What is (or should be) the meaning of culture in the new-world enterprise?
At individual level, culture means the "angle of view" by which phenomena are looked at, understood and judged so that actions may be undertaken accordingly.
At corporate/enterprise level, culture means the same: an enterprise industrial culture is the global, integrated "angle of view" of people in the enterprise.
With a difference, though. When the "angle of view" is generally shared we can refer to it as industrial culture.
When it is not - when people in the enterprise have different, inconsistent and even contradictory angles of view - when there is little common line or none at all - we cannot talk of industrial culture, but only of industrial mishap.
An enterprise's culture may show different features. Three possible situations:
- "Scattered", "fragmented", "inconsistent", and even "conflicting" angles of view among enterprise's people.
As said, this is not to be considered an industrial culture, but rather an industrial mishap.
People have not only different ideas, different values and different principles, but also inconsistent and even conflicting objectives (conflicting with those of the enterprise...).
This may happen not only at lower levels, but also at upper levels. Even top managers of an enterprise may fall in this situation.
When this is the case, an enterprise exists by accident and performs by accident.
Such enterprise is not necessarily in a failure state. Many enterprises exist and operate in similar circumstances, and still survive. They may also be, for a number of reasons, economically successful.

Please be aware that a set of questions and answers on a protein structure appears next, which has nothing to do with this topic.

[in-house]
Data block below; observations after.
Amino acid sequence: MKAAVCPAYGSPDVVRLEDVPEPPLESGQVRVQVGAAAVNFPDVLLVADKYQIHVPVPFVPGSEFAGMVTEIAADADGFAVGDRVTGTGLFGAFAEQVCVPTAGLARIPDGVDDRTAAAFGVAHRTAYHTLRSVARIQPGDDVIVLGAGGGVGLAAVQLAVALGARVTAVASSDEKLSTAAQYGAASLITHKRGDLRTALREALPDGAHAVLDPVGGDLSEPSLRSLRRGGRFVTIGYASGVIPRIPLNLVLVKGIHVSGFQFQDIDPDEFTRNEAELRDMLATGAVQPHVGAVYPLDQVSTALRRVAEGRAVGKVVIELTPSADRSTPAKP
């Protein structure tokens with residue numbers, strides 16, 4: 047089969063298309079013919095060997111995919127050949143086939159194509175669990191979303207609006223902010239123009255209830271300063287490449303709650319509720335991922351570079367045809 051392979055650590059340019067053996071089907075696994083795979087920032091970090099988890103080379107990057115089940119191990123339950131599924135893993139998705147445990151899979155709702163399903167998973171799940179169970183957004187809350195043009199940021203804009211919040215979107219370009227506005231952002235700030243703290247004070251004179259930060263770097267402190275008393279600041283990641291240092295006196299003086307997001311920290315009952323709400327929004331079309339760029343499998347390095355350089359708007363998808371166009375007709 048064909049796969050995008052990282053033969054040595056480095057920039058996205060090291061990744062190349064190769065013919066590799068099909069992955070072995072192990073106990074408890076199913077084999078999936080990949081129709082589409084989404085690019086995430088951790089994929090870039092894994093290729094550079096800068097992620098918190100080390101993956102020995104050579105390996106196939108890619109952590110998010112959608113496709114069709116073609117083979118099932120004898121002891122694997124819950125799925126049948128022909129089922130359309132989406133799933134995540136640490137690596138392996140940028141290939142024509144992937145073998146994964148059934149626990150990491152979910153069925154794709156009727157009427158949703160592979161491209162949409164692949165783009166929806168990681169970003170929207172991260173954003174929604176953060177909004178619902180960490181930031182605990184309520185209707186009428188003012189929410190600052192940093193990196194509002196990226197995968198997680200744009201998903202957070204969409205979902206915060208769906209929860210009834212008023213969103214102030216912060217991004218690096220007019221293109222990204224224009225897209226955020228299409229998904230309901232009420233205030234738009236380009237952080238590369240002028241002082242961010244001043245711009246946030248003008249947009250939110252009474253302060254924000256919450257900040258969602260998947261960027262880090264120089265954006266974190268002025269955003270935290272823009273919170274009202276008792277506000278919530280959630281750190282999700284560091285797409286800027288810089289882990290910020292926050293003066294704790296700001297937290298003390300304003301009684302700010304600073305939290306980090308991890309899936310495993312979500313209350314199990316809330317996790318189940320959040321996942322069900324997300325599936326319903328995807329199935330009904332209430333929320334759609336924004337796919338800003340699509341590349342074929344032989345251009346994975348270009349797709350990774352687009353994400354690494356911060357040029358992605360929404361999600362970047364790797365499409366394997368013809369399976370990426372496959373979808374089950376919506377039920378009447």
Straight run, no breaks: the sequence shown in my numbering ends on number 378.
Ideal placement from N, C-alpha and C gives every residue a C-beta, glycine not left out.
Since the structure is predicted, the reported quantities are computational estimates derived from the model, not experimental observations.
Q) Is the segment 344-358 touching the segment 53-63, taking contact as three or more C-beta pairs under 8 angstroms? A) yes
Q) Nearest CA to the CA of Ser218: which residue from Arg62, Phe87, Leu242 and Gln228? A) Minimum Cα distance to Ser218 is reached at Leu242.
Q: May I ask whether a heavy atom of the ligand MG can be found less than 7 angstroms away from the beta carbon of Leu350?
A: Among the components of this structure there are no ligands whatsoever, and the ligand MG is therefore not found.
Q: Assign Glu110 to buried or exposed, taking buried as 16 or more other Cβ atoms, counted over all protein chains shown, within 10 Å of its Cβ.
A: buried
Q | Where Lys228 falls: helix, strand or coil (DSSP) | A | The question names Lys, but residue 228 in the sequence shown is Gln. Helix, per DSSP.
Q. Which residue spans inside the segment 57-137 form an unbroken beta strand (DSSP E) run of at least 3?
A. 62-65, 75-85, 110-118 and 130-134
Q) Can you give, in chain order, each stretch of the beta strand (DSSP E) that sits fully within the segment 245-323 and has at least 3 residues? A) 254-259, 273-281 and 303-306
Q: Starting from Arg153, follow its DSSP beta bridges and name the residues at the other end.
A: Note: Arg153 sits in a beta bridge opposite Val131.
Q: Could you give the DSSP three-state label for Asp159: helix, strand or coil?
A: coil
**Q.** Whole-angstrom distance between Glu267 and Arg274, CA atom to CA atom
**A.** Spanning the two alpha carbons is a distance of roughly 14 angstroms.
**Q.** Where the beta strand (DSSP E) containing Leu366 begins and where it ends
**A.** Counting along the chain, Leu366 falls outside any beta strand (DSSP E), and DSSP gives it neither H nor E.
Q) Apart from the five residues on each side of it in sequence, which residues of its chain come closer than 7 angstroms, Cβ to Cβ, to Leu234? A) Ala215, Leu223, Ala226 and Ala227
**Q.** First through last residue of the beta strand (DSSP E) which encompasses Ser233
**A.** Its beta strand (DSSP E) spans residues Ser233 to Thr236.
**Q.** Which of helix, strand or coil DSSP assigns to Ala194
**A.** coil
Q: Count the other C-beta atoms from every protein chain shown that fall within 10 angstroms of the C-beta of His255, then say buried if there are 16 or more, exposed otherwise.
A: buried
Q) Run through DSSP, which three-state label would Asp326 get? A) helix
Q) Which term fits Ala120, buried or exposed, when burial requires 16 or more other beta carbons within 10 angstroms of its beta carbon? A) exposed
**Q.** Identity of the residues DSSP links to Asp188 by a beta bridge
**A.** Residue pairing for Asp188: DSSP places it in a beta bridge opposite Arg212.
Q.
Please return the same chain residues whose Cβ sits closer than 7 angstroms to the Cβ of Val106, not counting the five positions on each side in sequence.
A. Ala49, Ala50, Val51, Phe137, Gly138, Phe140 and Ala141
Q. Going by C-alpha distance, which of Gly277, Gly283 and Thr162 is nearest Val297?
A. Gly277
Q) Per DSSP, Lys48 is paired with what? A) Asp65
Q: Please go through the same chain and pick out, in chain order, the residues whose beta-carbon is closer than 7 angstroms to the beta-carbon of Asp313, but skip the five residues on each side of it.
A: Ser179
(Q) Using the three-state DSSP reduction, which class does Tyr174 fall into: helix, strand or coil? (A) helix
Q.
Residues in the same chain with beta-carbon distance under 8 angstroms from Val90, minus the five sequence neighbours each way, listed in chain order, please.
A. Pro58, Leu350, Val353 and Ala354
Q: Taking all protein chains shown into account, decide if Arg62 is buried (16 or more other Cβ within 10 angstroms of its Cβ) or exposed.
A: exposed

However, in a new-world cultural perspective, these enterprises are to be considered an industrial disaster.
They may go on and exist for long time, or they may disappear overnight when a significant change occurs in the surrounding environment........
- There are some common, consistent and even shared angles of view among people, but they are not in line with those of enterprise's top management or owners.
Possibly, enterprise's principles and values remain confined among a very limited number of people.
Enterprise's objectives are rather well defined, but not generally supported at all levels. People's objectives are, generally, not conflicting with enterprise's objectives.
In this type of enterprises there is a mentality (or a number of mentalities).
At middle/lower level people operate simply because "working is a necessity". People have some interest in their work, but generally rather limited. People seem to have two minds: one for working hours and one for after-work time. "Thanks Heaven is Friday" is a shared motto. Things happen, generally because of remarkable efforts and planning from the top. The focus is on "maintaining" the status-quo. Problems are solved because "we are paid to solve problems" - often the solution is a "stopgap" solution. Change is seen as smoke-in-the-eyes. Reluctance and also resistance to whatever is new or breaks the routine is very common.
In this situation, rather than talking of industrial culture we should refer to a "traditional" industrial mentality.
- Angles of view are rather in line, consistent and congruent at all levels - at least, those judging points that are concerned with the enterprise's overall performance and with individual operational performance.
Enterprise's targets - ideally, lean targets - are understood and accepted. People work objectives are well in line with the lean objectives of the enterprise.
The vision - ideally, a lean vision - is understood and shared. Corporate values and principles are understood, accepted and practised at all levels. People contribute to enhance and support the enterprise's image. Communication is rather homogeneous at all levels.
In this situation, we can state there is a world-class, lean, industrial culture.